I think this account of coercion both fits with many of our ordinary views about coercion, as well as offers a useful tool for categorizing and explaining why some ways that employers treat employees are rightly regarded as making them less free—and unnecessarily so—than they would be otherwise. It will now be useful to step back from the picture of the individual employee and her employer, and consider how it is that in capitalism, certain agents (in particular, certain employers, as owners and managers of capital) become positioned to wield such power over others. I said above that employees are generally unable to make credible countervailing threats against employers, but this deserves further explanation. If coercion is simply threatening to do something bad to someone else, then it’s unclear why employees can’t, individually or in various collectives, simply threaten to take away the control of capital from employers, or threaten to murder them, etc. And of course, sometimes they do threaten such, and even bring this about. But in general they don’t, and such threats as they make are often quashed by police or other state agents, or dismissed as non-credible. In particular, individuals are unable to wrest or credibly threaten to wrest control of capital from the capitalists because capital is organized along lines of property ownership, which is itself defended by the state’s use of coercion. In a place like the U.S., the state is largely effective in protecting the lives and property rights of its inhabitants, and thus is largely effective in securing the control of capital (and the profits that flow from it) to those who hold legal title to it. That is to say, the power of capitalist employers to deny individual workers access to significant, necessary goods for living derives from the state’s manifest use of coercion to protect their property rights, in which their control of capital resides. 2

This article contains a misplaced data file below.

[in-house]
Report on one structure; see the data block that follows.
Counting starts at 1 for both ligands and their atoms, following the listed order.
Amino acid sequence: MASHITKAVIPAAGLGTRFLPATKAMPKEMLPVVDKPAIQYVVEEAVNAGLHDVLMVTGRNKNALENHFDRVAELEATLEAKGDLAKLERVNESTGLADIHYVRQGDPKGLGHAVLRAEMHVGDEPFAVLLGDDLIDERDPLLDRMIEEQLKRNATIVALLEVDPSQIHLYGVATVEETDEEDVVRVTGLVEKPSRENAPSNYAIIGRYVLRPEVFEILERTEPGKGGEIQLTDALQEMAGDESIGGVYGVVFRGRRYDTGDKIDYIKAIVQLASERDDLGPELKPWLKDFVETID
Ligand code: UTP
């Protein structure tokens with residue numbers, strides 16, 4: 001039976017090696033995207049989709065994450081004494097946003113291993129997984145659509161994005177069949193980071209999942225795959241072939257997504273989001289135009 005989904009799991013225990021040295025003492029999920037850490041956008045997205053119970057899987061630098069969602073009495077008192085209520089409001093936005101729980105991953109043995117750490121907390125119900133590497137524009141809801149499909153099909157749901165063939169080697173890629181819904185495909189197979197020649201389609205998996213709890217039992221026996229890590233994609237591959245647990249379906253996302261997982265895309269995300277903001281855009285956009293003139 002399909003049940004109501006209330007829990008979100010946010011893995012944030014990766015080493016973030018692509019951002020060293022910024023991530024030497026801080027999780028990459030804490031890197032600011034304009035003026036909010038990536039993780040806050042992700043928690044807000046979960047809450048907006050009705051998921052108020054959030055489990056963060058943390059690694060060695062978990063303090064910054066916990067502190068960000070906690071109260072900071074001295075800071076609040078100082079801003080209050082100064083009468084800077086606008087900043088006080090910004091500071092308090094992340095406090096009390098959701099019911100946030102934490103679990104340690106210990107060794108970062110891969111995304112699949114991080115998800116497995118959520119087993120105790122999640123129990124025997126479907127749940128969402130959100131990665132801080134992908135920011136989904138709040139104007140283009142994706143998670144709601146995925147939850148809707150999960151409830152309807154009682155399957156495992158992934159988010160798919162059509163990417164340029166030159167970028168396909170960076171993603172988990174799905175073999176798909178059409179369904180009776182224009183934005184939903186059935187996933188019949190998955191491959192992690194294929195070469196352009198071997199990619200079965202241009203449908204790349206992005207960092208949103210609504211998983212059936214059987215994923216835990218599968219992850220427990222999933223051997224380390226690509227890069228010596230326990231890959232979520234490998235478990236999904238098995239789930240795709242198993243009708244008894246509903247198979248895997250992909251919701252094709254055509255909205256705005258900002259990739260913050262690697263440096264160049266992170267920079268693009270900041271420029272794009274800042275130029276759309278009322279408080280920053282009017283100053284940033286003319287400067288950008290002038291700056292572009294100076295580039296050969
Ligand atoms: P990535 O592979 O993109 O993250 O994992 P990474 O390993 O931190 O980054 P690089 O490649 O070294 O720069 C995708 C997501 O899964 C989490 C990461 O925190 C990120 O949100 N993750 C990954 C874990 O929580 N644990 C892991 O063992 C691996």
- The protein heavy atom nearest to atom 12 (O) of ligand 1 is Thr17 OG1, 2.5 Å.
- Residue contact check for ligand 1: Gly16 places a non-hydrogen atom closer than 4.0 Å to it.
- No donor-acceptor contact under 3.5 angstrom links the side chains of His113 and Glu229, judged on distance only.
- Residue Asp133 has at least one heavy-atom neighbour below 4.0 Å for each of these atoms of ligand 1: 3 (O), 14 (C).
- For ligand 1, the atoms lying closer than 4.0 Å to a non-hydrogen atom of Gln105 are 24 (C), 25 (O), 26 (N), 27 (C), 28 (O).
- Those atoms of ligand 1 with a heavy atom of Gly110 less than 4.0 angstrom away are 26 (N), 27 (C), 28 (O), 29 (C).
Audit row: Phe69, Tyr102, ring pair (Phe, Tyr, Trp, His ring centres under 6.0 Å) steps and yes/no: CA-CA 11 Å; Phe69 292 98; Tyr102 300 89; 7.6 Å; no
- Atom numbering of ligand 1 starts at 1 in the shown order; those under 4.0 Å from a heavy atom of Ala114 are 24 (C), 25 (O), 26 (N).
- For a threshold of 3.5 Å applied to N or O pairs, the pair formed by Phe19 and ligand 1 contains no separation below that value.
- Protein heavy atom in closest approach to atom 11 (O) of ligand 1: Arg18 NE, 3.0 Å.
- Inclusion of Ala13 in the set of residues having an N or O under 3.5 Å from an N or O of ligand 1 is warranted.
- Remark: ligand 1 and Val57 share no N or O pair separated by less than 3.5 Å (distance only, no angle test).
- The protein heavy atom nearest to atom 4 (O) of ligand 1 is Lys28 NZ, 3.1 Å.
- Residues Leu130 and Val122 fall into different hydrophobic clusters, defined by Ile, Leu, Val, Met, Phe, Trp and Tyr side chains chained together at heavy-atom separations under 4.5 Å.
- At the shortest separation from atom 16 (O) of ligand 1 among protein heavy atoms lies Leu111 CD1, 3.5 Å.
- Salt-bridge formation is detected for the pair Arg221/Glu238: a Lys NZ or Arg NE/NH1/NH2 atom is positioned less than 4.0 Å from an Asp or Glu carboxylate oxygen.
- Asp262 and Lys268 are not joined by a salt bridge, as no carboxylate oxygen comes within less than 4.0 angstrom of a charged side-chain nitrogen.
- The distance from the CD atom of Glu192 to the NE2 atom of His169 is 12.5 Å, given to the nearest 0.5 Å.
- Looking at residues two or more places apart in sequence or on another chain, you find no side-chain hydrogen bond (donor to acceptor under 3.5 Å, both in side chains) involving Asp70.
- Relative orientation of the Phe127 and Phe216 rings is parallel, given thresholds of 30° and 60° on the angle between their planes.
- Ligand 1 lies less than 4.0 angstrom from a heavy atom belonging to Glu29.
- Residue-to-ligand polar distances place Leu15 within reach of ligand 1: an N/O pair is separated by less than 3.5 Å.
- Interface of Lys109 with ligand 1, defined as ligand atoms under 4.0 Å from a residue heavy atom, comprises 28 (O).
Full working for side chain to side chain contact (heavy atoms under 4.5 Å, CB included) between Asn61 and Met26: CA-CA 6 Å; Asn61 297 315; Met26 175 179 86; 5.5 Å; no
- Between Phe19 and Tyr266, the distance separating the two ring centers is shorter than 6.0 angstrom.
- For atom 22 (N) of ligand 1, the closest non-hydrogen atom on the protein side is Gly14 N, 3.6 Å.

We can argue over whether and to what extent the holders of those titles earned them and deserve them, or whether it is merely a matter of efficiency that we preserve those titles against instability. We can also argue over whether some other system might be better all things considered. But whether or not capitalist relations of ownership are justifiable, it is clear that in current circumstances those who hold title to large amounts of capital wield considerably more power vis-à-vis most employees than most employees have relative to them. After all, the rich who own capital do not risk the loss of basic goods of life if they lose any particular employee—or even lose a lot of them—so long as they can convert their capital into the means of meeting their economic needs by selling it, renting it, etc. (They also frequently have large reserves of fungible investments to fall back on in tough times.) So even if employees can make any particular business unprofitable by quitting, striking, boycotting, etc., wealthy capitalists will not be similarly disabled by such actions the way many workers are disabled by losing a scarce employment opportunity.